Did you know this about Anastasia?

I don’t even want to reference the other Anastasia that’s been flooding the media, so I won’t (and if you don’t know what I’m talking about, blessed are you), but I will say that this gorgeous name has a tiny bit of a taint for me at the moment. But then I read this today, and while I’ll have to do some digging to find out more (and I don’t have time right now, as a certain 11 month old wants breakfast), I’ll just leave you with it, and if you know more, please share!

Anastasius, common in the Greek Church, was seldom used in the West, but Anastasia, the name of a 4th-C martyr mentioned in the Canon of the Mass, became a general favorite, and in medieval legend was attached to the Virgin’s midwife.”

The Oxford Dictionary of English Christian Names, EG Withycombe (21)

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4 thoughts on “Did you know this about Anastasia?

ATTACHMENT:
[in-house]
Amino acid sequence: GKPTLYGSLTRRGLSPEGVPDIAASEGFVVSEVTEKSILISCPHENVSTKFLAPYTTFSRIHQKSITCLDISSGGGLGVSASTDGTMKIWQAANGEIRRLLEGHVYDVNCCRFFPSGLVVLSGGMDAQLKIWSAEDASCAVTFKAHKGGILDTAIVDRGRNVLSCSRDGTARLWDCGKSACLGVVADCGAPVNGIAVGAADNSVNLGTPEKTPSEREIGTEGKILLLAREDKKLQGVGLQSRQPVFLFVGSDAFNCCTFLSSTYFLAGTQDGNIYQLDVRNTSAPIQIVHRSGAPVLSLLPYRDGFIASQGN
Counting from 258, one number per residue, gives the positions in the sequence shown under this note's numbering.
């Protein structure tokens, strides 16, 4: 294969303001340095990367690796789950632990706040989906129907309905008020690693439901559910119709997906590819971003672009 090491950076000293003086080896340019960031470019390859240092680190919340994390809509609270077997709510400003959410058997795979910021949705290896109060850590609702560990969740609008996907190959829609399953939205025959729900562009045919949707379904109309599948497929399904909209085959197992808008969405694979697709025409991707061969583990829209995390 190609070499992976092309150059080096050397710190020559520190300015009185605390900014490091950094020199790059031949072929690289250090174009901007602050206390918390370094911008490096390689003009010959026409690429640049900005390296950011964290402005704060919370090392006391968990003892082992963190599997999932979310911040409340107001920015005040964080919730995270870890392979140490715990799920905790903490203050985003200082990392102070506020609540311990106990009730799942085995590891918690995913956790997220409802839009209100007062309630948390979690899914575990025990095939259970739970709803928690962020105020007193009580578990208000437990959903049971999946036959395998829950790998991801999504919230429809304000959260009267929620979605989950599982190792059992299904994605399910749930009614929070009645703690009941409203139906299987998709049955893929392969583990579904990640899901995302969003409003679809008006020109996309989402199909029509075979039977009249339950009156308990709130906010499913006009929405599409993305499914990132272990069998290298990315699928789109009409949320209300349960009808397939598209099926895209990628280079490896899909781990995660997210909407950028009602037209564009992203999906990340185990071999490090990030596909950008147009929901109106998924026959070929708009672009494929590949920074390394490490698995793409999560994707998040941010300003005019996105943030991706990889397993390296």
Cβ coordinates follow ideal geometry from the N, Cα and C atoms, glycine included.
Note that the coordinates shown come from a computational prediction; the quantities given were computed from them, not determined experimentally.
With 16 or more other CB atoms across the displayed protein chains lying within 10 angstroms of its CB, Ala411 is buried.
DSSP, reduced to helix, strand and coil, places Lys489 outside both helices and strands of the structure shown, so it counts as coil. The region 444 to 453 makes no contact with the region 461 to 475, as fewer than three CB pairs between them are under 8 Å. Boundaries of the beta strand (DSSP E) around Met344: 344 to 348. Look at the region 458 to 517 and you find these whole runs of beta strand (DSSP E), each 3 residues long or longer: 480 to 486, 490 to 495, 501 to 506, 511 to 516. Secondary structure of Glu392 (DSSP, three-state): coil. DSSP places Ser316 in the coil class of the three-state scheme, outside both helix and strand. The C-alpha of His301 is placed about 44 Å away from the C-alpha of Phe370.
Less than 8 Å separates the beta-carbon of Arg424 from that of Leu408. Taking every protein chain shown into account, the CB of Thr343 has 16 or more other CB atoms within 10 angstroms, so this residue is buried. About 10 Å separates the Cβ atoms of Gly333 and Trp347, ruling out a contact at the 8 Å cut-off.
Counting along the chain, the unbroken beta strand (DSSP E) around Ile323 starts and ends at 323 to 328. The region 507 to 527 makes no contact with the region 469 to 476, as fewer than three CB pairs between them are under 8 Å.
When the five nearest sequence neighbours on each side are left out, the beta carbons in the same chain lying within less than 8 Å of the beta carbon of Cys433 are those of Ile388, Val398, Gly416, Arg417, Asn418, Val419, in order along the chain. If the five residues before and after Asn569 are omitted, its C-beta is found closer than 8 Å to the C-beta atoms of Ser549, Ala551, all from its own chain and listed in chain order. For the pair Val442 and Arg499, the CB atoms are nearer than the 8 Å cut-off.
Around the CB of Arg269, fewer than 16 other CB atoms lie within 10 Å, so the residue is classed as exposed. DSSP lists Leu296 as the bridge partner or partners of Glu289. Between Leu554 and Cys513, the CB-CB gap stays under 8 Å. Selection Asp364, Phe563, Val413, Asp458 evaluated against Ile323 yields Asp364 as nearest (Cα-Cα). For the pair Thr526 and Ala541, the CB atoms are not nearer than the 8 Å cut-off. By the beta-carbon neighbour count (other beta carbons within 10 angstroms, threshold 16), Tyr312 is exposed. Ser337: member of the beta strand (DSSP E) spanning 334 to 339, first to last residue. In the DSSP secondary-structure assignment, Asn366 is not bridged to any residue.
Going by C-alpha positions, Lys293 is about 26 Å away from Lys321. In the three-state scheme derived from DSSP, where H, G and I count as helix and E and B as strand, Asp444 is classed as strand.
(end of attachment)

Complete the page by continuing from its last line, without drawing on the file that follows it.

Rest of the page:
1. […] I posted a quote the other day from The Oxford Dictionary of English Christian Names by EG Withycombe stating that Anastasia “in medieval legend was attached to the Virgin’s midwife.” Which basically blew my mind. I’m not unaware of the Nativity story, you know? And yet I’d never once even considered the idea that Our Lady had a midwife. On the one hand — wasn’t Jesus’ birth miraculous, “without any violation to her physical, external virginity. As the Fathers of the Church explained, as ‘light passes through glass without harming the glass’, so Jesus was born with Mary’s Virginity ‘in tact’, that is with the preservation of her physical virginity“? So, you know, what would a midwife do? But then, as this possibility presented itself, I thought, surely it does make sense that Our Lady would have a midwife, especially if she and/or St. Joseph was/were unaware of how the birth would proceed. And midwives do more than just catch the baby, don’t they? It makes perfect sense that Our Lady would have women attend her, to help her through labor, to wipe her brow, to soothe St. Joseph. If I’m suggesting a scene that doesn’t fit with Church tradition, please tell me! […]

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